5.) absence from duty without leave;
6.) false claims against Government officials;
7.) engaging in partisan political activities;
8.) bankruptcy/serious financial embarrassment;
9.) unauthorized disclosure of official information;
14.) violation of oath of secrecy;
15.) action prejudicial to the security of the state;
16.) advance fee fraud (criminal code 419);
17.) holding more than one full time paid job;
18.) nepotism or any other form of preferential treatment;
19.) divided loyalty;
21.) wilful damage to public property;
22.) sexual harassment;
22.) any other act unbecoming of a public officer.
Still On Nigeria Civil Service Rules and Regulations (Public)
The rule on leave states that any public servant who is absent from work without being on leave, will forfeit part or all their salary of the month. However, if the absence spans across more than one month, the forfeiture will affect the public servant, relative to the amount of time being absent from work. The following are some of the types of leave recognised in the Nigerian public service:
1.) annual leave: Annual leave is the most common type of leave. It is taken by public servants at all levels. Public servants at Grade Level 1 and 2 take annual leave of 14 days. Junior officers take annual leave of 21 days. Senior officers take annual leave of 30 days.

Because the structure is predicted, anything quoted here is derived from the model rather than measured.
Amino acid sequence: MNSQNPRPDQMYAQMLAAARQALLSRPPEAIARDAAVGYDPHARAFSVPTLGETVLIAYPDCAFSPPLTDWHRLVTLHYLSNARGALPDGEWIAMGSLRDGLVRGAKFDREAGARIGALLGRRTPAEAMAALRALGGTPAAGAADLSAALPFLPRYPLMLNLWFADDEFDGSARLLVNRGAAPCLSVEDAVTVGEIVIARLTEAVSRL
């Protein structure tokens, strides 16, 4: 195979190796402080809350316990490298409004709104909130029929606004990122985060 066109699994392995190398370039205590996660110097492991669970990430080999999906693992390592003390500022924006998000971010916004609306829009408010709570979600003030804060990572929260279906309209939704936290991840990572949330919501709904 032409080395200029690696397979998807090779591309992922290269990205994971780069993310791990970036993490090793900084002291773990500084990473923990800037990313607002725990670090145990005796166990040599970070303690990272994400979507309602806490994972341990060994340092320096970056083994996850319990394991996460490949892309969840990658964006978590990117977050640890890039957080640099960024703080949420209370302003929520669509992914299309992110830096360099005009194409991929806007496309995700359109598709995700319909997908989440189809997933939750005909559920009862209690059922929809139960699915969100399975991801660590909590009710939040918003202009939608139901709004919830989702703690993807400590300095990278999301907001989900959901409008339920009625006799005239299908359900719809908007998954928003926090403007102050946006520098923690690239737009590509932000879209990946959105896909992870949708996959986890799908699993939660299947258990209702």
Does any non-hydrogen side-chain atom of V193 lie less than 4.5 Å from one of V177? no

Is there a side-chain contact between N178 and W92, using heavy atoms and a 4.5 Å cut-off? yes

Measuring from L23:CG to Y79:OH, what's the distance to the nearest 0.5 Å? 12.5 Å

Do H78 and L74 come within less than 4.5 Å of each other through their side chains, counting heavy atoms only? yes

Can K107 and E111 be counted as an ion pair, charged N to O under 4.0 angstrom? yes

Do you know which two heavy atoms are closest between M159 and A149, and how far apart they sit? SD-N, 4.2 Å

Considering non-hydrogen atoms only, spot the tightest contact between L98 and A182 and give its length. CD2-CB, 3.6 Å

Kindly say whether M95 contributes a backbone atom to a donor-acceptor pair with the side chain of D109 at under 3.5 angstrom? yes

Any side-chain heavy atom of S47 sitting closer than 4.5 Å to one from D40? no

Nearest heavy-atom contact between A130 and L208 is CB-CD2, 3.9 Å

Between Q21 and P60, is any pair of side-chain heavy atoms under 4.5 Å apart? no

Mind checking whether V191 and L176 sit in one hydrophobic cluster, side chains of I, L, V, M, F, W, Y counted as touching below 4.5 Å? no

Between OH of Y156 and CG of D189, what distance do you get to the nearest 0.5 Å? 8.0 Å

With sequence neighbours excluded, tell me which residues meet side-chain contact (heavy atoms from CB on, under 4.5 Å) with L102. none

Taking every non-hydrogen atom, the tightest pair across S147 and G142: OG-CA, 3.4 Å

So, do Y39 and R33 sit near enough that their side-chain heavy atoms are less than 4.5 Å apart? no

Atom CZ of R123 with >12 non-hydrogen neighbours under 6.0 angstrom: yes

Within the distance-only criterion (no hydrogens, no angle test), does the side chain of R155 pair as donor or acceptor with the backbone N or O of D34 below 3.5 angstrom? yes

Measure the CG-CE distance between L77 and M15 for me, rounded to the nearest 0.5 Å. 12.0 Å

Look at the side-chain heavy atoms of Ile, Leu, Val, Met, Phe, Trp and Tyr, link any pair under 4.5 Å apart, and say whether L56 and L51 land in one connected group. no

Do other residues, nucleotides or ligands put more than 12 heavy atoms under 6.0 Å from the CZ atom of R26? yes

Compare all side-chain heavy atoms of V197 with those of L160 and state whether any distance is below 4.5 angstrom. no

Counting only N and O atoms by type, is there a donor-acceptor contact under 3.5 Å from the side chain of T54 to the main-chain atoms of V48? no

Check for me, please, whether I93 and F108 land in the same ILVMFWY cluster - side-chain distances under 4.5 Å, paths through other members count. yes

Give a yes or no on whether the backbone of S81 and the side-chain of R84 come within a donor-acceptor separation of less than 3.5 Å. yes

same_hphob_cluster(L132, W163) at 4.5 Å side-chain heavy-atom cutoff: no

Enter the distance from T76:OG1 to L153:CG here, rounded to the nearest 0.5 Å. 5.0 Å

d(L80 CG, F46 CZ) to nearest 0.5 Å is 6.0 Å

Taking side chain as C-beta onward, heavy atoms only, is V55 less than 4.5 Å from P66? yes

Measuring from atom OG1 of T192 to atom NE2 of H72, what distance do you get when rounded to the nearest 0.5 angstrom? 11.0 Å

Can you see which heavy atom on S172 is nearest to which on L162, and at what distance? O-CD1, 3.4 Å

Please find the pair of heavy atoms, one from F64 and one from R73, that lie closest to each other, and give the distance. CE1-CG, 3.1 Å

2.) proportional leave or pro-rata leave: This leave is granted to new or retiring officers. The duration of the leave is proportional to the time they have spent in the public service.
3.) deferred leave: This leave is granted in exceptional situations. Just like ‘proportional leave or pro-rata leave’, the leave is not fixed.
4.) casual leave: This is a leave taken casually by a public officer. However, the maximum duration of this leave is 5 working days. Anything beyond 5 working days is unacceptable.
5.) sick leave: This type of leave is also common. The leave can be taken when a public servant is ill. Its duration is not fixed, it is rather variable.
6.) maternity leave: This leave can be taken only by pregnant female public servants. The maximum duration of this leave is 12 weeks, and it must not be less than 4 weeks from the expected delivery date. During this leave period, the public officer is entitled to full salary. The 12 weeks covers the pre-natal and post-natal periods. After the public servant has delivered their baby, they are allowed to take 2 hours off duty, every day, for 6 months.
7.) examination leave: Public servants are allowed to take leave when they have a public service examination. This leave does not have a fixed duration.
8.) sabbatical leave: This leave is taken by Grade Level 15, 16 and 17 public officers. The leave is taken on the account of research, and it has a maximum duration of 12 months. Furthermore, the leave can only be taken once in 5 years.
9.) study leave: This leave can be taken by any public officer and it has no fixed duration. However, for this leave to be valid the course the public servant wants to take must be a public service approved-course.
10.) leave on compassionate ground: This leave can be taken by any public servant who loses their spouse/child/parents of the spouse.